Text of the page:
OYB April 3
Julie FerwerdaAre you ready for change in 2009? Grab a One Year Bible (NLT), commit to reading it daily, and join Julie Ferwerda on an extraordinary adventure that will transform your life as you experience its relevance in a fresh, understandable way. In addition to 20+ years in Bible teaching ministry, Julie is a professional speaker and writer. Her works have appeared in publications such as Focus on the Family, Discipleship Journal, Christianity Today, Marriage Partnership, Brio, and Revolve Biblezines & Devotional Bible (for teens). She's also the author of "The Perfect Fit: Piecing Together True Love," and also the upcoming book, "One Million Arrows for God: Raising Your Children to Change the World." Learn more at www.JulieFerwerda.com.
- 2009 Apr 03
Whoa! Nice start! Must have been a woman editor in P.M.S.! I was actually in a car with two men (one being my husband) and had to read them "portions" of today's selection just for the entertainment value.
23:5 May all the curses of our enemies turn into blessings!
23:7 I found it fascinating that the Edomites and Egyptians were such detested enemies (even the ones prophesied that Jesus would defeat as we've studied), and yet God had mercy for them.
24:9 When you go to war against your enemies, be sure to stay away from anything that is impure. Think of this verse in spiritual terms. Why do you think He gave this warning? Here is a hint, straight out of Scripture: "The spirit is willing, but the flesh is weak (Matthew 26:41)." You will eventually be led astray.
24:21 The notion of vows to God is interesting. It's not a sin not to vow, but it seems to be a grave sin not to keep a vow!
24:5 A newly married man must not be drafted into the army or be given any other official responsibilities. He must be free to spend one year at home, bringing happiness to the wife he has married. This shows a romantic and compassionate side to God!
24:16 Parents must not be put to death for the sins of their children, nor children for the sins of their parents. Those deserving to die must be put to death for their own crimes. This shows the principle behind what we studied earlier, that God does not "punish" children for the sins of the parents to the third and fourth generation. The word in Hebrew is "watches," or "visits."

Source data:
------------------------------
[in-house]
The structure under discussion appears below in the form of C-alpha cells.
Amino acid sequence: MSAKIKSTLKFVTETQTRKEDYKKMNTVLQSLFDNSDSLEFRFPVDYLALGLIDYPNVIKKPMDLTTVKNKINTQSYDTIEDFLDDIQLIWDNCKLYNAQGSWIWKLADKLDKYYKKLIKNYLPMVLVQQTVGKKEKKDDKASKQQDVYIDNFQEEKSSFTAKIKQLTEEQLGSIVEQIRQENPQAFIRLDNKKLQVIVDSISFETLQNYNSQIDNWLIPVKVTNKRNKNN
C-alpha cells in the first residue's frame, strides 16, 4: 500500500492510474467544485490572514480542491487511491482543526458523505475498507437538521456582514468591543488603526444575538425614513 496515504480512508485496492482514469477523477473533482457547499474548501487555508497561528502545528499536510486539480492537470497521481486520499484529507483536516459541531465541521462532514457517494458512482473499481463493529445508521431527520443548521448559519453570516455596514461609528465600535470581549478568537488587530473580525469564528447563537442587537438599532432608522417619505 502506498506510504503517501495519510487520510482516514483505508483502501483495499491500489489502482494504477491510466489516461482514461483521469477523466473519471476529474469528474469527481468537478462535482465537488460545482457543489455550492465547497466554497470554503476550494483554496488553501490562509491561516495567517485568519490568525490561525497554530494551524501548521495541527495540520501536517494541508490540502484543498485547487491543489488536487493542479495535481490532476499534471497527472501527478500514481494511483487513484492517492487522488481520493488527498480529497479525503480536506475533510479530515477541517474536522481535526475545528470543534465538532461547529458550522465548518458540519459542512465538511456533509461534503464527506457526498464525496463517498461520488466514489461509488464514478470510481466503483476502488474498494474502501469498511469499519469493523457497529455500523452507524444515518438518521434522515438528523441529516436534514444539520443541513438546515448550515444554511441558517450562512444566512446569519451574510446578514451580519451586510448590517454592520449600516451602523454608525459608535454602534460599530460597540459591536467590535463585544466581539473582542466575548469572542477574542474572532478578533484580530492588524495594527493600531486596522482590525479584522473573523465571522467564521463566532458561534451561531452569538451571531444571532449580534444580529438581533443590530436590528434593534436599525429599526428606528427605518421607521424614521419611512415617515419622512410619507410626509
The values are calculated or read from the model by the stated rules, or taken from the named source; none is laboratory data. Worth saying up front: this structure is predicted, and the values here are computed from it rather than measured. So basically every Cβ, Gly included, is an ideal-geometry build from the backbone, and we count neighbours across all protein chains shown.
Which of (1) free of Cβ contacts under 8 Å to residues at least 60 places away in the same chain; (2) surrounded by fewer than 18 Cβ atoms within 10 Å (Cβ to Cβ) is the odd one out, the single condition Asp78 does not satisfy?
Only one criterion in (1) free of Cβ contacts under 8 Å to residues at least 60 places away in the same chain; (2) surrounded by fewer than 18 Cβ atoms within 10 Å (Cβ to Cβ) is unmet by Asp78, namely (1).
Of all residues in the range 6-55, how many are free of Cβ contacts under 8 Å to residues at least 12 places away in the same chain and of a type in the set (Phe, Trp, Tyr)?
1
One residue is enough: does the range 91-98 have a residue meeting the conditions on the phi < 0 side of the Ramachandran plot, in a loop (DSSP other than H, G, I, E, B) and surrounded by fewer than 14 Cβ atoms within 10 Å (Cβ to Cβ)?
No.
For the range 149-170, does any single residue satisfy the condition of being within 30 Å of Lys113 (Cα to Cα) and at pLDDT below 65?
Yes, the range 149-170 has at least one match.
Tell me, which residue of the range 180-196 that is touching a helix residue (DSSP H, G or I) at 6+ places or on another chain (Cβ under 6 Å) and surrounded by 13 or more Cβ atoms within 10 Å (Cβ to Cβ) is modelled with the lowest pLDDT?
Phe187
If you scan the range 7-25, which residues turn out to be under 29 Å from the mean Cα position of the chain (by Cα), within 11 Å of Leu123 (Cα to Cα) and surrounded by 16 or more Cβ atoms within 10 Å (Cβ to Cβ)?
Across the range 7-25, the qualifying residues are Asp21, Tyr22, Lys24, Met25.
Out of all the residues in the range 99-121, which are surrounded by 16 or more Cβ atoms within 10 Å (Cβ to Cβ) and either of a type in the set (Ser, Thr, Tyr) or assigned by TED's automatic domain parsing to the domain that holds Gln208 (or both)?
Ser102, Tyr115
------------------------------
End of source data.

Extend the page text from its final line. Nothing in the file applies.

25:5-10 Remember the story in Genesis 38 about Tamar and Judah—how he refused to let her marry his son Shelah so she arranged to sleep with him as if she was a prostitute at the city gate, and in the end he admitted to the city elders she was more right than he, because he denied her the son that was rightfully hers by the law. Anyhow, this is the law that goes with that happening. Aren't you so glad to know?
25:16 All who cheat with dishonest weights and measures are detestable to the Lord your God. There are so many corrupt people in ministry these days (worldwide!). This verse brings me comfort that God is still paying attention! I get furious when I see godly people being taken advantage of by those who claim to be godly—people they should be able to trust!
10:23-24 We are privileged, too. We think OT had it good, seeing God move and all, but they never saw grace or living Torah. We are far more privileged.
10:30-37 Wikipedia gives an interesting early church interpretation of this parable. I have no idea if it's a good interpretation or not, but I thought it was interesting. The one line that leaves me a little suspect is "The manager of the inn is the head of the Church..." If they also saw this as Christ, that is good, but it doesn't sound like it. The rest of it seems plausible, but don't quote me on anything on this one-I don't know much about these early fellas:
The man who was going down is Adam. Jerusalem is paradise, and Jericho is the world. The robbers are hostile powers. The priest is the Law, the Levite is the prophets, and the Samaritan is Christ. The wounds are disobedience, the beast is the Lord's body, the [inn], which accepts all who wish to enter, is the Church. ... The manager of the [inn] is the head of the Church, to whom its care has been entrusted. And the fact that the Samaritan promises he will return represents the Savior's second coming.
"This allegorical reading was taught not only by ancient followers of Jesus, but it was virtually universal throughout early Christianity, being advocated by Irenaeus, Clement, and Origen, and in the fourth and fifth centuries by Chrysostom in Constantinople, Ambrose in Milan, and Augustine in North Africa."
Questions for reflection:
Have you ever started out with good intentions, fighting against sin, and found yourself joining in? Maybe you resolve not to let that certain person influence you or pull you into sin once again, and you determine you are going to be the good influence, but you end up wearing down and giving in? Or you determine that you can go to that certain place without compromising this time, but it doesn't work out? Identify those places of weak-will and avoid them! The key to the Christian life is not always strength; sometimes it is avoidance!
Why would a person make a vow to God? Have you ever made a vow to Him? Did you keep it? I am sure I have made several vows to Him. Some I have kept, some not. I specifically remember a couple that I did not keep that brought me so much shame and such a stricken conscience when He showed me my sin! Thankfully, God does not treat us as our sins deserve, or repay us according to our iniquities (Psalm 103:8-12)! I should probably be struck dead by now otherwise.